Steve Martin Writes a Hymn for Hymn-Deprived Atheists

To under­stand the two sides of Steve Martin’s per­form­ing tal­ents, check out his one and only hit sin­gle, 1978’s King Tut. On the A‑side was the nov­el­ty funk hit about the Egypt­ian boy king. On the B‑side, two deep cuts that showed off Martin’s for­mi­da­ble Americana/banjo chops: the tra­di­tion­al “Sal­ly Good­in” (cir­ca 1860, but exist­ing on record­ings since 1922), and “Hoe­down at Alice’s” an orig­i­nal writ­ten for his then stand-up man­ag­er Bill McEuen’s wife.

It’s not what you’d expect from the “Wild and Crazy Guy,” but Martin’s ban­jo had always been a part of his act. He taught him­self at 15 years old, play­ing along very slow­ly to Earl Scrug­gs records. He told an inter­view­er:

The rea­son I played it on stage is because my act was so crazy I thought it’s prob­a­bly good to show the audi­ence I can do some­thing that looks hard, because this act looks like I’m just mak­ing it up. I real­ly was­n’t. I worked very hard on it.

Which is a long way of say­ing: When Mar­tin record­ed an album of ban­jo favorites in 2009, The Crow, won a Gram­my with­out rely­ing on a sin­gle joke, then enlist­ed the help of the North Car­olin­ian Steep Canyon Rangers to go on a tour, it should not have real­ly been a sur­prise.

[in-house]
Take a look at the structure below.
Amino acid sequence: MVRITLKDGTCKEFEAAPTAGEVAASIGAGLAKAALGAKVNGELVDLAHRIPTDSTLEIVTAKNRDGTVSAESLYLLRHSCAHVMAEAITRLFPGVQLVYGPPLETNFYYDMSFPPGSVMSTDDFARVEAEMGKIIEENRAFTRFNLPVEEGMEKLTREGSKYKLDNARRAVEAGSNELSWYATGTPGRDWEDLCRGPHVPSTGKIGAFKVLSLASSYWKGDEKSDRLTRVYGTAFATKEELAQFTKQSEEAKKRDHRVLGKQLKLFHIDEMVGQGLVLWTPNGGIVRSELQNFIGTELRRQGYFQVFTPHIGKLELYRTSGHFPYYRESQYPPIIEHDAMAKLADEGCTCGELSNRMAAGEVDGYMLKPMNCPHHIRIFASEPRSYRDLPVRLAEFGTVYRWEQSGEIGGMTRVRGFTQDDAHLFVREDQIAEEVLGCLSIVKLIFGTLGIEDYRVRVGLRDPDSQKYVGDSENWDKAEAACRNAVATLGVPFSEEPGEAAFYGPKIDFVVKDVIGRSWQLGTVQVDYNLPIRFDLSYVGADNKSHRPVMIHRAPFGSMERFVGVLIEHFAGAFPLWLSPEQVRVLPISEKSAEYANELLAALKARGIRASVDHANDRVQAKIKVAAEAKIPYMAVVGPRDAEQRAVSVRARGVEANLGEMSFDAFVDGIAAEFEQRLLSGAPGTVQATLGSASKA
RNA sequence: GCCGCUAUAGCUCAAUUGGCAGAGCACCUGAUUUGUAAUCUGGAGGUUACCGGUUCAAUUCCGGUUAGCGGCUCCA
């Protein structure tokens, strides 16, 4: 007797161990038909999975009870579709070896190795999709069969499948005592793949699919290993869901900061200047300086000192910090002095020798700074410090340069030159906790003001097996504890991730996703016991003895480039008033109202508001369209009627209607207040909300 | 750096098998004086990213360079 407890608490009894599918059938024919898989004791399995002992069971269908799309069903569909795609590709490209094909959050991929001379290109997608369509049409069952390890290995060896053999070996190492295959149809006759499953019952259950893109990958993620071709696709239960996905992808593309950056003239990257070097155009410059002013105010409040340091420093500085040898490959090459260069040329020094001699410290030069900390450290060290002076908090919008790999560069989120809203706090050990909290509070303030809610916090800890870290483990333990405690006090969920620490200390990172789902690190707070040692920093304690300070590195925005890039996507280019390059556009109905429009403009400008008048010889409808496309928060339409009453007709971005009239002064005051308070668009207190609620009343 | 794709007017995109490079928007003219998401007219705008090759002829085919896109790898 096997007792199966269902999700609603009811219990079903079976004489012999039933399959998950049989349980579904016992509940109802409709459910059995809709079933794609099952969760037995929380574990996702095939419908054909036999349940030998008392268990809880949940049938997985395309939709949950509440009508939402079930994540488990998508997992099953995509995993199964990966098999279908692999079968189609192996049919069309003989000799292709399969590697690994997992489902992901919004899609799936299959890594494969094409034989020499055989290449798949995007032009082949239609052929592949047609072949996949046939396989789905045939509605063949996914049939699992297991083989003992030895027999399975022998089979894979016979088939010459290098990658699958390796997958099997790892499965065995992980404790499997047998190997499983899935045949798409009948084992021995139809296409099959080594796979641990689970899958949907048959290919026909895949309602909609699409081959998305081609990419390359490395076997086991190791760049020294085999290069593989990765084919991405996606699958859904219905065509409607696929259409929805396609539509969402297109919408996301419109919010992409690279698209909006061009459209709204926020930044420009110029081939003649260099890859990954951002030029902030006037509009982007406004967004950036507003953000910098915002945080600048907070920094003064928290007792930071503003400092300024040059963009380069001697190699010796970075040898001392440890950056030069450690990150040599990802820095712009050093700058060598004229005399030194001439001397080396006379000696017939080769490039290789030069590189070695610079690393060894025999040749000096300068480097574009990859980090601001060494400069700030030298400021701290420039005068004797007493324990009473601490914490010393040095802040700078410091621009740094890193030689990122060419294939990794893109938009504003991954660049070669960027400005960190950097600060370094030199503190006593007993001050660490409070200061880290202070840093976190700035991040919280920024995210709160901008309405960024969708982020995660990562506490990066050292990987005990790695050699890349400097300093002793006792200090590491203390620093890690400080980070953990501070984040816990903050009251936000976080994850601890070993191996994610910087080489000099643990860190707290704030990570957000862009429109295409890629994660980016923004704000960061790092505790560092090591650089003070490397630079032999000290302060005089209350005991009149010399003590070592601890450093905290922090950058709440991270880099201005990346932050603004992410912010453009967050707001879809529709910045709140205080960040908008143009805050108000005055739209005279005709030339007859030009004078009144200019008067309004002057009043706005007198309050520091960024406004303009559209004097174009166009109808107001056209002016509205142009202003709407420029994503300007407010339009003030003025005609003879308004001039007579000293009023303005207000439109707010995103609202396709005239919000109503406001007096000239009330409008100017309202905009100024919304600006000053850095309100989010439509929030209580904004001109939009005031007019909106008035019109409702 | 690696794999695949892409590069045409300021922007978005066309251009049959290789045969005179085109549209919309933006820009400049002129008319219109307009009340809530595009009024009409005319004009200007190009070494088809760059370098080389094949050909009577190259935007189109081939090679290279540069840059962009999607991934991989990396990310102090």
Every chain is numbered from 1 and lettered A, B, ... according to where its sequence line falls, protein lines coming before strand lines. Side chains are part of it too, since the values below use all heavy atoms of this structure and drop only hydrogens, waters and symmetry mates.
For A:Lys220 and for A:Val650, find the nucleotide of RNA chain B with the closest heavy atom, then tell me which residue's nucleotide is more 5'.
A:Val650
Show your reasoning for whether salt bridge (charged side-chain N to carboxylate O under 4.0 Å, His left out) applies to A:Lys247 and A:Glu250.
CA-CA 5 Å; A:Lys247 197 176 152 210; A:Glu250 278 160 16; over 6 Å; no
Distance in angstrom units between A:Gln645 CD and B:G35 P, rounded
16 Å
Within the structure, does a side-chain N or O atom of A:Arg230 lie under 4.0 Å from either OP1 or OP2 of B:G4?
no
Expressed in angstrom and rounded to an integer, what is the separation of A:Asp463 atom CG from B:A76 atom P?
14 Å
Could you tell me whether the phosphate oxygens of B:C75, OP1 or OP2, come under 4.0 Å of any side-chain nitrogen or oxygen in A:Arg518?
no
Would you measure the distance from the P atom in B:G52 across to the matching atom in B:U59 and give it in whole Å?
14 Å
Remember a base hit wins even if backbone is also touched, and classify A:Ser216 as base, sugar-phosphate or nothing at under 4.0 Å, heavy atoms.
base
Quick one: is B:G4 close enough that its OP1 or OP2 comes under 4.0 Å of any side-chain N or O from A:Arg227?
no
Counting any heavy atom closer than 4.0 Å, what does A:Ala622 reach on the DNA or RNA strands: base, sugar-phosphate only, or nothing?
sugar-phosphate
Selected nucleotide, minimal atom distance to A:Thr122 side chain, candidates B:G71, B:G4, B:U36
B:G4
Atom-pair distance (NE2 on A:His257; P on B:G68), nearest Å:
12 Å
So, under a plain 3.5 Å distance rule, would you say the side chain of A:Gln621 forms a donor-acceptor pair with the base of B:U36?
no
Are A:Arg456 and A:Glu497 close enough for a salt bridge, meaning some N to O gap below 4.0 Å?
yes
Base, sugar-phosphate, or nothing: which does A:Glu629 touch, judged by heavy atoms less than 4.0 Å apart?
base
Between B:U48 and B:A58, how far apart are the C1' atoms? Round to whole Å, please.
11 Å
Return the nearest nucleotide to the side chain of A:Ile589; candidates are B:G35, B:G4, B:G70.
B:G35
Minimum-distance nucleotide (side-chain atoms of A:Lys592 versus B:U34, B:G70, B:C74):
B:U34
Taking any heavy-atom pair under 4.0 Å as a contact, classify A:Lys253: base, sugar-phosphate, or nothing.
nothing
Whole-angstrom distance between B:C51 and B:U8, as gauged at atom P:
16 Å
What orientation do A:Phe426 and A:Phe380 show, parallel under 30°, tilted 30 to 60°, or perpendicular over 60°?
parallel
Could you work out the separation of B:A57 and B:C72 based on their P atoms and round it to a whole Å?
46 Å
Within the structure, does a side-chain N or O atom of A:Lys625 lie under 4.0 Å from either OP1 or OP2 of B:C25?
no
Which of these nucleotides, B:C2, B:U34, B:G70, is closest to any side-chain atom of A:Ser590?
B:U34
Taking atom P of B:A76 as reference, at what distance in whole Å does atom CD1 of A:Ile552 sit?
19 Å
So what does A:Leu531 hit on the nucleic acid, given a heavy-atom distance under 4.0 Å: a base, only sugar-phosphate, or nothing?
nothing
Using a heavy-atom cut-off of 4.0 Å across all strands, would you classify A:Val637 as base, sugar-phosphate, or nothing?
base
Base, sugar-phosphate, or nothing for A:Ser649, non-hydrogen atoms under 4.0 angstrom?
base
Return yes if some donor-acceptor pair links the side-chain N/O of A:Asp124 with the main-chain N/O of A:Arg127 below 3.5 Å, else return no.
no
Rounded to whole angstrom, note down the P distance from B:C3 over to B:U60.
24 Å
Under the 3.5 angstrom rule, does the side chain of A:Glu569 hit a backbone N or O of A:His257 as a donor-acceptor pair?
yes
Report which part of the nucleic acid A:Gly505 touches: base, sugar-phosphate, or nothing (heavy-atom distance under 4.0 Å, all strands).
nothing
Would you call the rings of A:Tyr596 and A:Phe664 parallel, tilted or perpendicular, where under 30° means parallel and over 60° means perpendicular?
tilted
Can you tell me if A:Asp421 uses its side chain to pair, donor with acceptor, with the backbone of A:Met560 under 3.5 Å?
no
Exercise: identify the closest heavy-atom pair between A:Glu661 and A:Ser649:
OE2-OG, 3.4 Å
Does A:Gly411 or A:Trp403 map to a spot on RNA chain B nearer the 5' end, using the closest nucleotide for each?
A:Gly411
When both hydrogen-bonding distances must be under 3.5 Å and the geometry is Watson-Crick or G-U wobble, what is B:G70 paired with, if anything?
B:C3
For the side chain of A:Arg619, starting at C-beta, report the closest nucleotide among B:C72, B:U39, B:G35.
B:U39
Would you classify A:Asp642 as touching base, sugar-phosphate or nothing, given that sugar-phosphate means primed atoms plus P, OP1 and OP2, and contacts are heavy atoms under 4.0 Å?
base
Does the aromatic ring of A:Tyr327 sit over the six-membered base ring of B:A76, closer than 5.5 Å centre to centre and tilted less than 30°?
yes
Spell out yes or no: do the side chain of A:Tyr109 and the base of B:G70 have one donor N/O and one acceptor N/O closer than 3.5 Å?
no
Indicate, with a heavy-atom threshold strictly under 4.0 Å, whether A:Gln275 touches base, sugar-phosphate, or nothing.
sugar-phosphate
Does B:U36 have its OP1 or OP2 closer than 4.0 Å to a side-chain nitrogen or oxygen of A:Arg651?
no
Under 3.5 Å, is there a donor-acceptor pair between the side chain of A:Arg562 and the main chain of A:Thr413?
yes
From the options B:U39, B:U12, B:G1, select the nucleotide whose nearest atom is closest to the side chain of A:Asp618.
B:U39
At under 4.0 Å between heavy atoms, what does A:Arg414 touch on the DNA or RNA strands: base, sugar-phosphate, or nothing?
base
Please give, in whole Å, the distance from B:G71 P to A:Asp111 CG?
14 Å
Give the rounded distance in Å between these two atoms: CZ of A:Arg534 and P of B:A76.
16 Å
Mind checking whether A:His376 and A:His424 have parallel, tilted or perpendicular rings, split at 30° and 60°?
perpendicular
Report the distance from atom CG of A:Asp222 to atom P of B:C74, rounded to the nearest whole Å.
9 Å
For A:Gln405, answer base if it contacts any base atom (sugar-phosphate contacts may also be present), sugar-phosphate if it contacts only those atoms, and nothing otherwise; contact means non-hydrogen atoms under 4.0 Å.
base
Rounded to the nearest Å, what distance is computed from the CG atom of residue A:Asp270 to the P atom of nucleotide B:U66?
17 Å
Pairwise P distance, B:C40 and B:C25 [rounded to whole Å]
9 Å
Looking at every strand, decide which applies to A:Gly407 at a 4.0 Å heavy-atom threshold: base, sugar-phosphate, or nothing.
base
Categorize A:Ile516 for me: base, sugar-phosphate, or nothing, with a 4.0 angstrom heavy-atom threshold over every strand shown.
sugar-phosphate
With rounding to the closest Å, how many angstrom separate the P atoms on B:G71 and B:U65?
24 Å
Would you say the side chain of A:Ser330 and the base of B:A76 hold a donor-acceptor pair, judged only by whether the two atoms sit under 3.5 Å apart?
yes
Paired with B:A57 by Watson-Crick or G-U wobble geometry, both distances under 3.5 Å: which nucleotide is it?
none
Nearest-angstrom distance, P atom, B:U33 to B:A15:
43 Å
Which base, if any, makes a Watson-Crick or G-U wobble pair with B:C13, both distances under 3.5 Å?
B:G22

When he teamed up next with The Steep Canyon Rangers and record­ed Rare Bird Alert in 2011, Mar­tin start­ed to com­bine com­e­dy and music once again, and with this above nov­el­ty song, he gets to indulge in the beau­ti­ful har­mo­ny singing that blue­grass groups like The Stan­ley Broth­ers, The Lou­vin Broth­ers, and the Osbourne Broth­ers made so pop­u­lar in the mid-cen­tu­ry. (There wasn’t just ban­jo pickin’ on those LPs, you know.) The above appear­ance on Let­ter­man is a great ren­di­tion of a con­cert favorite, “Athe­ists Don’t Have No Songs.”

So in this month of argu­ments over the Star­bucks hol­i­day cup, let Mr. Mar­tin and group add a pal­lia­tive to any hurt athe­ist feel­ings. You guys rock.

P.S. Mar­tin got a chance to play with his hero on the same late-night pro­gram.

Relat­ed Con­tent

Steve Mar­tin Teach­es His First Online Course on Com­e­dy

Steve Mar­tin & Robin Williams Riff on Math, Physics, Ein­stein & Picas­so in a Heady Com­e­dy Rou­tine (2002)

Steve Mar­tin on the Leg­endary Blue­grass Musi­cian Earl Scrug­gs

Steve Mar­tin Releas­es Blue­grass Album/Animated Video

A Blue­grass Ver­sion of Metallica’s Heavy Met­al Hit, “Enter Sand­man”

Ted Mills is a free­lance writer on the arts who cur­rent­ly hosts the artist inter­view-based FunkZone Pod­cast. King Tut was the sec­ond 45 he ever bought as a kid. You can also fol­low him on Twit­ter at @tedmills, read his oth­er arts writ­ing at and/or watch his films here.

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